CONSTRUCTING ENVIRONMENTS Week 2 Journal Tara Shokouhi 635693
Constructing Environments Week 2 - Journal Two Lecture: This weeks lecture was presented by guest speaker, Architect Peter ...., as he discussed the various projects he had completed, and demonstrated the connection between nature and buildings. It was demonstrated that many buildings embodied the same principals and manner of workings as plants and animals in nature. As opposed to using plants and nature around us for design purposes, the structure and systems in which these work is intricately analysed and applied, on a larger scale, to the works of designers and architects as solutions to problems faced. Case Study - Cocoon House (2001): One of the pieces discussed by the guest speaker, was the “Cocoon House” built down in Victoria’s Otway Rangers in 2001. The house is a structurally round house, built in amongst the surrounding landscape, almost floating between the trees.
“This Project was a platform for structural as well as social exploration. We looked at boat building, basket weaving and gridshells; the engineer threw in aircraft and monocoque structures.” - Belemo & Cat (ArchutectureAu.com) We explored the manner in which an aircraft structure was modified to fit this project, bringing in inspiration not only from nature, but also, non-architectural man-made structures around us.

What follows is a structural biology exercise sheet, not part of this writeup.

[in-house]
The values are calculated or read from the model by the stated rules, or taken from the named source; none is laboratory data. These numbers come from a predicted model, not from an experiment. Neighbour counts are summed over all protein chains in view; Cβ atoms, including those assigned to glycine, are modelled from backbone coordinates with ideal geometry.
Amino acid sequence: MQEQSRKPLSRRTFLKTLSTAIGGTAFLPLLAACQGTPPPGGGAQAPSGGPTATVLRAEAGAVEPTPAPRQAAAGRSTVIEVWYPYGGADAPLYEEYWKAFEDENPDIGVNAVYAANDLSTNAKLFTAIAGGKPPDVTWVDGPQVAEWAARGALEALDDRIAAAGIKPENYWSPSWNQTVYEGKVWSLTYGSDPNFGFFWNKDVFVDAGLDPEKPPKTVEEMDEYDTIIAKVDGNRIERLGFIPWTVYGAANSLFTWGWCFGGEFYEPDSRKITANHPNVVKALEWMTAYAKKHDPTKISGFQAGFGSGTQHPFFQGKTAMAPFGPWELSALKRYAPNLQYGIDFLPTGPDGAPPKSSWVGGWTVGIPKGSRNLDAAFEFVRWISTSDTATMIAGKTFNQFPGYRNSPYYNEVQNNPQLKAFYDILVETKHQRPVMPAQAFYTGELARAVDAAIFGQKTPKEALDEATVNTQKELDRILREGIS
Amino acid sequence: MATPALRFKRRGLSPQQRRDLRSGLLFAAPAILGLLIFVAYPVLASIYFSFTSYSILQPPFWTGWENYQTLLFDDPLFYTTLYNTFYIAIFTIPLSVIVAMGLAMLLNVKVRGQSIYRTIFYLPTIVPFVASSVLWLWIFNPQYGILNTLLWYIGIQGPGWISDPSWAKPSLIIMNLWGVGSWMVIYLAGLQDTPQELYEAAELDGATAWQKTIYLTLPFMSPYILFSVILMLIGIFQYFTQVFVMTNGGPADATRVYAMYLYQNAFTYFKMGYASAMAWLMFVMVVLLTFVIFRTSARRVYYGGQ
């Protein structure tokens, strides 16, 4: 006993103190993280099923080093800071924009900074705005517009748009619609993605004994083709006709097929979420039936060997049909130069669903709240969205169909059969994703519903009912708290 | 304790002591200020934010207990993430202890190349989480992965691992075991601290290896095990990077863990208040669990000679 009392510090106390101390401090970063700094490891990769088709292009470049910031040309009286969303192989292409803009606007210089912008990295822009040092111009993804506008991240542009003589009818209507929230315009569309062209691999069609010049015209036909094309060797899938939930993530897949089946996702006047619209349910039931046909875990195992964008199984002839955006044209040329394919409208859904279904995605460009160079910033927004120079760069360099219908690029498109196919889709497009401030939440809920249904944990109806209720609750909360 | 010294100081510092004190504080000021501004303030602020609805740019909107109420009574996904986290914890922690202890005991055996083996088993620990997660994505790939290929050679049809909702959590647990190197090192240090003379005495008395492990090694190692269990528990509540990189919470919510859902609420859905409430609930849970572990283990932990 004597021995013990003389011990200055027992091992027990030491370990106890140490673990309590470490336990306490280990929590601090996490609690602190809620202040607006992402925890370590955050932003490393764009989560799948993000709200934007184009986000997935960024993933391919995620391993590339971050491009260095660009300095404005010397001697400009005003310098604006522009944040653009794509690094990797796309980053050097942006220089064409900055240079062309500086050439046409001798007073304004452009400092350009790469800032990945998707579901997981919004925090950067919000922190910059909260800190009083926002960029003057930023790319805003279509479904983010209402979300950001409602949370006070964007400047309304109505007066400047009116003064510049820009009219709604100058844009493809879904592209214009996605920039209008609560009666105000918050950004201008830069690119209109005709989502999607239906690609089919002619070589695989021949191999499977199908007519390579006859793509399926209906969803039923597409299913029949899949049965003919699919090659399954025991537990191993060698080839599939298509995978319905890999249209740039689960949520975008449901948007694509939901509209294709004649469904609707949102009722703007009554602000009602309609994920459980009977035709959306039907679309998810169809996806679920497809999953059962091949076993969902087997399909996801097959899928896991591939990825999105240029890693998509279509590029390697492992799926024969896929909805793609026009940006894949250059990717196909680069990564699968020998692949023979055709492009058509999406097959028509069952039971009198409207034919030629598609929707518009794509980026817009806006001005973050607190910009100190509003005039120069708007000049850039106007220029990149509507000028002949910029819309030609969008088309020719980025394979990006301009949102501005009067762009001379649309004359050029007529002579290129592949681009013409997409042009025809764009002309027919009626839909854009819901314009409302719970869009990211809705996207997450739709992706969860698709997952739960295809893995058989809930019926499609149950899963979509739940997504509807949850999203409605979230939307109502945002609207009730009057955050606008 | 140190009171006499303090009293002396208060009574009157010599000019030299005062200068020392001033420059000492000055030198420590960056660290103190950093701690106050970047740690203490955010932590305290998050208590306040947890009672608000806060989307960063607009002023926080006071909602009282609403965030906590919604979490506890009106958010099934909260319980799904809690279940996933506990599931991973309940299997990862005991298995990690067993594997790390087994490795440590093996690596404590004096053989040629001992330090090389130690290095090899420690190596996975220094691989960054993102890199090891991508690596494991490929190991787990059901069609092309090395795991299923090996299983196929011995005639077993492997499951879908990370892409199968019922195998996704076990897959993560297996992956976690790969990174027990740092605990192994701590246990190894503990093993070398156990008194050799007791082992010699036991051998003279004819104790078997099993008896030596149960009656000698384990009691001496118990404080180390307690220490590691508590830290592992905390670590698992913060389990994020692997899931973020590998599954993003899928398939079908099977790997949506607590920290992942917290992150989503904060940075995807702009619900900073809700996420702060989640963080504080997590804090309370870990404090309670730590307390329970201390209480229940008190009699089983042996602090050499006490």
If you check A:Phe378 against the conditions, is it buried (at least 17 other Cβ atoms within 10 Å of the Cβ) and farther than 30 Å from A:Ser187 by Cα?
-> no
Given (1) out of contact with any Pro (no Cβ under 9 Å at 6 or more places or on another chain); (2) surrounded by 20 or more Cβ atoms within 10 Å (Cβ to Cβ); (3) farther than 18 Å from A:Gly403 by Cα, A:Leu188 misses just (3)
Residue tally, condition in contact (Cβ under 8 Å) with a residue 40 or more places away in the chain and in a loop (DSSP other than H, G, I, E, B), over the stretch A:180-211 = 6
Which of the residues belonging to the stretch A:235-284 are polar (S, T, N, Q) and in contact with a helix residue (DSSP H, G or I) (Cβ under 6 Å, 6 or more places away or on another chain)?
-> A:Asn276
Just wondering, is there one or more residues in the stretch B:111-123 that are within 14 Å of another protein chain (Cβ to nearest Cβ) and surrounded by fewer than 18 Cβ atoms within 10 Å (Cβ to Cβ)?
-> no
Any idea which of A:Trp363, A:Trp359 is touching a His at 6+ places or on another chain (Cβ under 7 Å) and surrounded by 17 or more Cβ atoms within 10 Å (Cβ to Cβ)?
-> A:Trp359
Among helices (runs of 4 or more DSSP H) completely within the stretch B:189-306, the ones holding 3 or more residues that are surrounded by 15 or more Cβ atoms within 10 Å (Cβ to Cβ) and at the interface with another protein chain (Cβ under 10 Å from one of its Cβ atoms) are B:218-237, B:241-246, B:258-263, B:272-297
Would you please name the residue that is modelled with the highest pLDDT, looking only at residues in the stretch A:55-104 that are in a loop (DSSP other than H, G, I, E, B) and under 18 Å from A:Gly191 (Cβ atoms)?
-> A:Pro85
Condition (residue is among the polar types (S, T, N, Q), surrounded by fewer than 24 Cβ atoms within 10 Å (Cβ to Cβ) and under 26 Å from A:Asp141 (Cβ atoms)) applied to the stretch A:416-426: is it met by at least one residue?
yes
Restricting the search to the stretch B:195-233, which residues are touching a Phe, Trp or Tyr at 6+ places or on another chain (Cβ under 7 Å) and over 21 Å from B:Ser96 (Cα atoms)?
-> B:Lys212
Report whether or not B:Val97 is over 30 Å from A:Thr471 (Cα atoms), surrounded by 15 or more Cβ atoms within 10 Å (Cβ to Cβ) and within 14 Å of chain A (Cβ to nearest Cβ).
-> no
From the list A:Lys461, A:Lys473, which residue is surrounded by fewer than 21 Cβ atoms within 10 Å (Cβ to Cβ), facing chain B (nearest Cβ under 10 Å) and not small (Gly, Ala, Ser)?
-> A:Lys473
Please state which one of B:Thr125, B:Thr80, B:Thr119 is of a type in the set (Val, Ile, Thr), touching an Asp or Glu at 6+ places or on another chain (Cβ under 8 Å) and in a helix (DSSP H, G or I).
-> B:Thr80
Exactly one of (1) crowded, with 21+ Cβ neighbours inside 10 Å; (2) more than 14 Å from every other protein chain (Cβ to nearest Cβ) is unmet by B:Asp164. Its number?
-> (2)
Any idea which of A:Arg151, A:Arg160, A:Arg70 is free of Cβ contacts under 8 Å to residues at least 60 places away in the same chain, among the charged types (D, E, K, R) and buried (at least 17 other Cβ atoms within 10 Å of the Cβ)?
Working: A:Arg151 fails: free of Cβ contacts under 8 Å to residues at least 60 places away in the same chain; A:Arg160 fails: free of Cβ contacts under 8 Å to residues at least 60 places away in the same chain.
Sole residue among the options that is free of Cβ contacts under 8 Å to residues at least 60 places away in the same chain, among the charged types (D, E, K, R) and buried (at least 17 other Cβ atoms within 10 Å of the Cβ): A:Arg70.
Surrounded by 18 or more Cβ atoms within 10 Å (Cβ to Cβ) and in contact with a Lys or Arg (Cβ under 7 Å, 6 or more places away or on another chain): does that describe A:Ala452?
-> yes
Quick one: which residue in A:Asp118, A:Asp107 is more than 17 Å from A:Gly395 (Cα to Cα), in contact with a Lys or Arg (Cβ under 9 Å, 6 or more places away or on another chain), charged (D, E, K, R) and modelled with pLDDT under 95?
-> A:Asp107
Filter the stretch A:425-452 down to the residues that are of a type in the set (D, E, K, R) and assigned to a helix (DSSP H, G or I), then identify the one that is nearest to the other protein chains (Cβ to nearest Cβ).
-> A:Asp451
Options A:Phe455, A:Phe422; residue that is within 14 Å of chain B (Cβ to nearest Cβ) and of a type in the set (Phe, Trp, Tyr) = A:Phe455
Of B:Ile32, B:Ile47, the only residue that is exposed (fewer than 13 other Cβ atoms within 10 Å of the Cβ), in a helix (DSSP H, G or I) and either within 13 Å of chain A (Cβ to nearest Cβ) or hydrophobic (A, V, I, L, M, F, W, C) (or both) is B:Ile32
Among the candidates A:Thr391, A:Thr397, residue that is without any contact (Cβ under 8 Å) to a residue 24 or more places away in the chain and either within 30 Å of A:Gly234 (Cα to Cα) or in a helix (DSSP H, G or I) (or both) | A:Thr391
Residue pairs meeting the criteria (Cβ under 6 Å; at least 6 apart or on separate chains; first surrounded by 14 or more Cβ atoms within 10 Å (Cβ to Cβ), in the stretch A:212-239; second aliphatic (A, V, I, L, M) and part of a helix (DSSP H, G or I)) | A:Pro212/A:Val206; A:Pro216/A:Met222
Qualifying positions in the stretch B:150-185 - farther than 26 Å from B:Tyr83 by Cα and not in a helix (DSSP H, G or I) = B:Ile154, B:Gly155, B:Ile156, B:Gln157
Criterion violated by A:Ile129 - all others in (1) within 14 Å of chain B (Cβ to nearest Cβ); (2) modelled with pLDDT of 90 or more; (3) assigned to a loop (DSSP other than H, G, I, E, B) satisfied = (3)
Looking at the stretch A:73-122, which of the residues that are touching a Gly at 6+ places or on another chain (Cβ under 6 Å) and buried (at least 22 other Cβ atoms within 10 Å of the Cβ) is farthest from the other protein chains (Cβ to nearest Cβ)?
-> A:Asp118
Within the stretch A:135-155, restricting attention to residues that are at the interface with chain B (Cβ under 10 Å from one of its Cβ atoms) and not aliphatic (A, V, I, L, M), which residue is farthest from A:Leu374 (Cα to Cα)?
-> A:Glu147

Tutorial Activity: This weekâ€™s tutorial activity consisted of cutting up a piece of balsa wood, into 40 thin long pieces, in order to create a tower as high as is possible with the wood and glue.
To start of the preparations, the pieces of Balsa wood that we were given were cut up into 40 long pieces.
In proceeding to construct the tower, My group and I debated as to the best shape to use as the basis of our tower. We settled on a triangle, as it meant that we could save more sticks, to help with the height of the tower.
We decided to create a foundation structure of three levels to maximise the strength of the tower.
As we began to build upwards, we decided to add braces to the structure in order to stabalise it. However, It was pointed out that every single piece used was counted as part of the 40 allowable pieces of wood. So, we began to cut down some of the braces.
Upon finishing the base foundation of our structure, we began to stick pieces of Balsa wood together, to create a long rod, in an attempt to gain the height needed. This, while turned out well in that our tower managed to reach up to a floor, as we increased the height, the rod became heavy at the connected ends and it proceeded to bend. Due to the weight and the pressure, the Balsa wood snapped. To improve this for the future, it would be a better idea to continue on with the pyramid shape and create braces between each side as the height narrows, to keep the strength.
The process of building the foundation of the tower.
The final Height reached of our tower, before it snapped.
Testing the amount of weight that our structure foundation could hold.
The snapped piece of Balsa Wood.
Sources: http://images-2.domain.com.au/2010/12/13/2093154/cocoonHouseWyeRiver_13_600-600x400.jpg http://www.bellemocat.com/images/residential/cocoon/006.jpg http://www.bellemocat.com/images/residential/cocoon/002.jpg http://farm4.static.flickr.com/3405/3506848716_f53039bac0_o.jpg http://www.felicetti.com.au/images/7/10be.jpg http://architectureau.com/articles/cocoon-house/